Since 2001, the examination of sediment from the sea bottom has revealed the presence of another type of Archaea that exist by using methane, an important gas that is contributing to the warming of the Earth's atmosphere. In addition, bacteria that exist by using the rocks of the sea bottom as food have been discovered. The release of material from the sediment by the action of the rock-using bacteria may influence the chemistry of the oceans.

Animal and Human Health Impacts

Some ocean microorganisms can cause unhealthy effects in both land and sea animals. This is particularly true in coastal regions, where the influence of humans is more evident. For example, runoff or the deliberate release of sewage into the oceans releases huge numbers of bacteria and viruses into the water. These microbes normally live in the intestinal tracts of humans and other warm-blooded animals. The water that is contaminated by these microbes can be the source of diseases.

Just as humans are susceptible to microbial infections, so too can marine animals (e.g., mammals) develop infections. It is believed that infections are to blame for at least some cases of marine mammal "beachings," in which whales or dolphins become stranded on the shore. It is thought that human pollution may exacerbate this problem by increasing the likelihood of infection and decreasing the quality of the water.

Another potentially harmful microbe found naturally in the ocean is a protist called a dinoflagellate. At certain times and under certain conditions, some dinoflagellate species and other algal species can undergo population explosions called blooms, sometimes in response to human-caused pollution. These blooms often are called "red tides" because the algal pigments color the water. Further, some of the bloom-causing algae may produce natural poisons known as biotoxins. These biotoxins are transferred to ocean animals that feed on the toxin-containing algae, and also are released into the water as the dead algae decay. These biotoxins can bioaccumulate in the ocean food chain, sickening or killing higher-order animal consumers and tainting fisheries and shellfisheries used by humans.

Human Pathogens.

The ocean has long been used as a means of disposal of human wastes, and still is used this way in many areas of the world. The enormous size of the oceans historically and incorrectly was assumed able to dilute any noxious material to concentrations low enough to render them harmless. While small amounts of sewage can dissipate quickly, the routine dumping of large amounts of human waste has caused long-term harm to many shoreline ecosystems , and rendered many coastal waters unfit for recreational activities.

For example, high numbers of disease-causing viruses and a bacterial species called Escherichia coli can occur in coastal waters influenced by human wastes (e.g., sewage). If ingested, these microbes can cause intestinal upset and organ damage that varies from inconvenient to life-threatening. Furthermore, the viruses that cause hepatitis A, hepatitis E, and polio, along with protozoan pathogens that cause giardiasis and cryptosporidiosis, are sometimes found in coastal waters and estuaries .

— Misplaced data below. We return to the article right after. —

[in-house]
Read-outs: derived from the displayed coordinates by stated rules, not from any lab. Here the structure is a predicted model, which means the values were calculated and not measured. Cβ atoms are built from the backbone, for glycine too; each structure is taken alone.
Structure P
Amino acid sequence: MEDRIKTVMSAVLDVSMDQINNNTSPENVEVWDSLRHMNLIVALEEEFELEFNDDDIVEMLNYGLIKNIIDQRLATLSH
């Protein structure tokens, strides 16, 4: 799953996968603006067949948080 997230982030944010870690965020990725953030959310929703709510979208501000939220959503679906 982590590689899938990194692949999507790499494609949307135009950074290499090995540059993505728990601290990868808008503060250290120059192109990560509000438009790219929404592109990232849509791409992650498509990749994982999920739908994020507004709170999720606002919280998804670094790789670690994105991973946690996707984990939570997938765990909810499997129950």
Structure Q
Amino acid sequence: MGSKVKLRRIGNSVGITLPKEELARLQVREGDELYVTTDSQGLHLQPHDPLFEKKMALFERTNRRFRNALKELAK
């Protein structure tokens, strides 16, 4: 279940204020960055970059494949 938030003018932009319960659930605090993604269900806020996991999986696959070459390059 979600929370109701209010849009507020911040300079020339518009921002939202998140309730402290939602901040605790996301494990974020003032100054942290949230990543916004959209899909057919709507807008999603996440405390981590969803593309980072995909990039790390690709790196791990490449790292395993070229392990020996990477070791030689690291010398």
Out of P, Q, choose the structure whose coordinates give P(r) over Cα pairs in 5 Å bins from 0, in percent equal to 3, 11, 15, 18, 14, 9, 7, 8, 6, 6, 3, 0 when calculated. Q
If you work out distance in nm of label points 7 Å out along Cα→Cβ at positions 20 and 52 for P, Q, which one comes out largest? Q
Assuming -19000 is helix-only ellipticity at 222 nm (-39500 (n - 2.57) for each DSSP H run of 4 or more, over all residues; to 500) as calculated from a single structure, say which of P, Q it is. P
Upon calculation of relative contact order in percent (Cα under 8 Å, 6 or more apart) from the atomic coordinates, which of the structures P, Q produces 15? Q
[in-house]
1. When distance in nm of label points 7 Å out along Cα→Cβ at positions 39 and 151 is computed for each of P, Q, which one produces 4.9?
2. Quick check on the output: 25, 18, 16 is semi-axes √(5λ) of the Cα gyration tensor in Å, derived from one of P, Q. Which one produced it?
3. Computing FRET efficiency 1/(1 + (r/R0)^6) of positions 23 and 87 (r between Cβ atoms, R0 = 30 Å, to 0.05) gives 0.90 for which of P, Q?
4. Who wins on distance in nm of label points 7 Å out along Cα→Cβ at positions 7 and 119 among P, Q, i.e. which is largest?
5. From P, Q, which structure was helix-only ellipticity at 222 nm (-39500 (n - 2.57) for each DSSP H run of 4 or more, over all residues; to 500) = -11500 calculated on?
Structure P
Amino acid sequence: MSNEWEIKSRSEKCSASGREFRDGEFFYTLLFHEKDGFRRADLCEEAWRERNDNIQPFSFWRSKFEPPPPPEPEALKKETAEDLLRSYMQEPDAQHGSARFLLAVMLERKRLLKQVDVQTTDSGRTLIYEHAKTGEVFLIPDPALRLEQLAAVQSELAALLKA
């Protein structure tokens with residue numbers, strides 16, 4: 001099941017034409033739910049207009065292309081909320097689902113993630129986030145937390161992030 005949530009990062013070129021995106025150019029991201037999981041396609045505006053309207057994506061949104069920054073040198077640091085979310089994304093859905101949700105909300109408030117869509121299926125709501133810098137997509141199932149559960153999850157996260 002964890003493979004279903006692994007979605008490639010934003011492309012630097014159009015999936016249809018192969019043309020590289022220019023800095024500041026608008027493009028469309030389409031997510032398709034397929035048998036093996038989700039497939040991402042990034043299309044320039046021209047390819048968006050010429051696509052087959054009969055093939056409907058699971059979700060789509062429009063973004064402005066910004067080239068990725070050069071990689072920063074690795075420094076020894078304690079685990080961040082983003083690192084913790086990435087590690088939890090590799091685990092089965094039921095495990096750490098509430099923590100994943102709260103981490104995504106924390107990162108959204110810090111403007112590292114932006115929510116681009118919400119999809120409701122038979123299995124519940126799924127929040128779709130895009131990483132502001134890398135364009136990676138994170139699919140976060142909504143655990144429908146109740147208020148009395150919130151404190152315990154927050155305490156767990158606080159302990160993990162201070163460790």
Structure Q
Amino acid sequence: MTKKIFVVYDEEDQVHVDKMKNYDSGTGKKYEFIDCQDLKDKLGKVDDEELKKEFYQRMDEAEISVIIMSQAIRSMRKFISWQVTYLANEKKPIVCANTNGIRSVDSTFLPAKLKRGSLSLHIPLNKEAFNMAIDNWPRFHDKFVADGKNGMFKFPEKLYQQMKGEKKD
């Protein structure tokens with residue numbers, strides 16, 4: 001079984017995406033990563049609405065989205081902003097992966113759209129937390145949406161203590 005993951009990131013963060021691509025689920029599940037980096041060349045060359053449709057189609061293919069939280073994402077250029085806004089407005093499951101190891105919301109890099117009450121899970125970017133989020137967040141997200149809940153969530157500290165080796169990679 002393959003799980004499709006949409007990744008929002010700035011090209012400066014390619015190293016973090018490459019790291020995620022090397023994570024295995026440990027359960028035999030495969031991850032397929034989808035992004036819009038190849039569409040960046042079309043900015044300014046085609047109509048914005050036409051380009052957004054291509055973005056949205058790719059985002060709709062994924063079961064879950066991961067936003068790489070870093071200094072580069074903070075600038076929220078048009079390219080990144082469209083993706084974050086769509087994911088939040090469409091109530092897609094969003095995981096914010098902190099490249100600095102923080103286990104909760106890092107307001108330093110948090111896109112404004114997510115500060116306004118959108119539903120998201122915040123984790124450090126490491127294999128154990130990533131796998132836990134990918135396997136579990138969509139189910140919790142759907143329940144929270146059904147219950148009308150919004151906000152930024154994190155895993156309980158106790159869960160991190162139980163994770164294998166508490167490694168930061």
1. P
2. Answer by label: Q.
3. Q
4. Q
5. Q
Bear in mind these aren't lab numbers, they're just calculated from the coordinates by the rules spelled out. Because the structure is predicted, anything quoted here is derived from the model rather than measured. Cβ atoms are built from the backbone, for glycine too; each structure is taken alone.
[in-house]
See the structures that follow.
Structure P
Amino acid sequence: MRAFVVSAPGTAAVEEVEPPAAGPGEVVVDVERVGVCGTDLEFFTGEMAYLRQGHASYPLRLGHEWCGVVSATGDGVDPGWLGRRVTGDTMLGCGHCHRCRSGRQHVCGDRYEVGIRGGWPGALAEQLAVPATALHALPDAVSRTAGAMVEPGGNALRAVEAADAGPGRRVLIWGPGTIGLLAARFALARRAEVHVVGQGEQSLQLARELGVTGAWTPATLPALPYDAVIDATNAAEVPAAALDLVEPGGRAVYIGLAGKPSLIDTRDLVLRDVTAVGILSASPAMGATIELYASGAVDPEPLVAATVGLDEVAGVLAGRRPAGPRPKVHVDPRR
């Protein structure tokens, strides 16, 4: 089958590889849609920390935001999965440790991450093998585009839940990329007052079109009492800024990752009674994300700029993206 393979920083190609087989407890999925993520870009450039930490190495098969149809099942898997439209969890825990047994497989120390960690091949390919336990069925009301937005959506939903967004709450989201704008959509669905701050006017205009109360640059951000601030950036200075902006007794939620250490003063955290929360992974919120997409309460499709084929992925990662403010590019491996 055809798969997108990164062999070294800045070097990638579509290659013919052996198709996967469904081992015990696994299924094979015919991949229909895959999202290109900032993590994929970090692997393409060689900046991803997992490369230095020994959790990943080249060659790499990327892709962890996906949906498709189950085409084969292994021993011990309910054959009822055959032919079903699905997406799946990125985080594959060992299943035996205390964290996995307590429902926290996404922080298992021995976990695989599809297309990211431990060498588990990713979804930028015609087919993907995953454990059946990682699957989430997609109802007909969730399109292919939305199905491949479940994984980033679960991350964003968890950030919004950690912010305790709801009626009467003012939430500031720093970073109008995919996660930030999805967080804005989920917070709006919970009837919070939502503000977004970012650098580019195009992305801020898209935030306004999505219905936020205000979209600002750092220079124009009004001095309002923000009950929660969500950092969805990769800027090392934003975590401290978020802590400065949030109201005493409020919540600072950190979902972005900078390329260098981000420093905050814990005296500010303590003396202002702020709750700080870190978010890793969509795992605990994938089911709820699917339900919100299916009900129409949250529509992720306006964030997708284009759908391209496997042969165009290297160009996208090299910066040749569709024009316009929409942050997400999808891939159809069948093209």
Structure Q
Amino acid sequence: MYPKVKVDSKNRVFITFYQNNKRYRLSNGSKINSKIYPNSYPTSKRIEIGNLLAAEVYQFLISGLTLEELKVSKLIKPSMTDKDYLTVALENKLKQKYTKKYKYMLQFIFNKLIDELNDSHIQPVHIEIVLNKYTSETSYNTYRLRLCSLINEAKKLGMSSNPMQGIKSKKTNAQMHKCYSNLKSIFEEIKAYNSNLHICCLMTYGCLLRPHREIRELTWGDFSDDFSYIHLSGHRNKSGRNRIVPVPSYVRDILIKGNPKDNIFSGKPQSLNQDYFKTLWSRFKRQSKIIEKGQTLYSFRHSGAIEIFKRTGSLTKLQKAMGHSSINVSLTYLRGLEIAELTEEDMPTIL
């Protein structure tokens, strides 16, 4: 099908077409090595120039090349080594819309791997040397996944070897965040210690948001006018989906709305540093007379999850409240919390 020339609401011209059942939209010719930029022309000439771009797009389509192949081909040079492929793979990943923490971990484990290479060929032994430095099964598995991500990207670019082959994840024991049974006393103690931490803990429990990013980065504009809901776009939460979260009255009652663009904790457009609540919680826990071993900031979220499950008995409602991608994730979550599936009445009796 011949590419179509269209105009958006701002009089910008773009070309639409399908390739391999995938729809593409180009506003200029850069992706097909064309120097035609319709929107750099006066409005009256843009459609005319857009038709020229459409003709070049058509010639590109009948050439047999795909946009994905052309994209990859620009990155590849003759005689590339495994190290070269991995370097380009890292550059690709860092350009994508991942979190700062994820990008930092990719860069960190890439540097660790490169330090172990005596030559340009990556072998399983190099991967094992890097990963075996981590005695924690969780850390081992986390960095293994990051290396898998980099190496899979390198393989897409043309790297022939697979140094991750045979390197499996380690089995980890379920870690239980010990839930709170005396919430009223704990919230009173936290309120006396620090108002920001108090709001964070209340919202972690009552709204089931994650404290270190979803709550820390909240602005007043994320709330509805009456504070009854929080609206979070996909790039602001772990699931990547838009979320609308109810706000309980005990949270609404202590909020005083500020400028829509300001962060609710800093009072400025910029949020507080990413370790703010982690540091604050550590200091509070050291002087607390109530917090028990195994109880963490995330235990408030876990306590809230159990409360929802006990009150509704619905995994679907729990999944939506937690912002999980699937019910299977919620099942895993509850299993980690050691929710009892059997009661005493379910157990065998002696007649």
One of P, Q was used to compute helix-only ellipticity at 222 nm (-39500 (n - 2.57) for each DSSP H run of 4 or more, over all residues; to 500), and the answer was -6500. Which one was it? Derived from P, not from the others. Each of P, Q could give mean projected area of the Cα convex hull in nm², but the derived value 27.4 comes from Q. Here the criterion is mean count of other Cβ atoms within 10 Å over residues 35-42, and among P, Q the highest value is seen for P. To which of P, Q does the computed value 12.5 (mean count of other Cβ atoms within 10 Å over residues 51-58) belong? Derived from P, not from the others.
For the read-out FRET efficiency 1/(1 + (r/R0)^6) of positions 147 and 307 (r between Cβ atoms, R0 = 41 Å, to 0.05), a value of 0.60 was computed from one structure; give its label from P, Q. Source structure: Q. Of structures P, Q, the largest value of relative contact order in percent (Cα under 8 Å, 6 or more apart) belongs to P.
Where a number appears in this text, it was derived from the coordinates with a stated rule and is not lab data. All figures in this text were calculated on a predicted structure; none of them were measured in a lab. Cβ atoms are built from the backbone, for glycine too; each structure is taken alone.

Another example related to improperly treated or untreated sewage is Vibrio cholerae, the bacterium that causes the intestinal infection cholera. Huge outbreaks of cholera have occurred throughout recorded history. In recent years, severe outbreaks of cholera occurred in Bangladesh and in Peru. Some evidence suggests that the cyclical temperature increase associated with El Niño currents increases the likelihood of such outbreaks, by increasing the ability of the bacterium to reproduce in polluted waters.

Vibrio cholerae and other infectious bacteria and viruses also are commonly present in high numbers in the ballast water of ocean-going ships, and can be widely spread by these ships. Ballast water is water that is pumped into the hull of a ship in order to stabilize it against the rough conditions of an ocean voyage. When the ship reaches port, millions of liters of ballast water are pumped out into the harbor, releasing the microbes into the new environment. Currents can act as highways for microbes, carrying them along in the water flow. Viruses, which can live in the ocean for days or weeks, can be transported great distances via ocean currents.

see also Algal Blooms, Harmful; Algal Blooms in the Ocean; Carbon Dioxide in the Ocean and Atmosphere; El NiÑo and La NiÑA; Food from the Sea; Life in Extreme Water Environments; Human Health and the Ocean; Human Health and Water; Ocean Biogeochemistry; Ocean Currents; Plankton; Pollution by Invasive Species; Pollution of the Ocean by Sewage, Nutrients, and Chemicals.

Brian D. Hoyle

and Richard Robinson


Fuhrman, Jed A. "Marine Viruses and Their Biogeochemical and Ecological Effects." Nature 399 (1999):541548.

Karner, Markus B., Edward F. DeLong, and David M. Karl. "Archaeal Dominance in the Mesopelagic Zone of the Pacific Ocean." Nature 409 (2001):507509.

Orphan, Victoria J. et al. "Methane-Consuming Archaea Revealed by Directly Coupled Isotopic and Phylogenetic Analysis." Science 293 (2001):484487.

Ruiz, Gregory M. et al. "Global Spread of Microorganisms by Ships." Nature 408 (2000):4950.

Suttle, Curtis A. "The Significance of Viruses to Mortality in Aquatic Microbial Communities." Microbial Ecology 28 (1994):237243.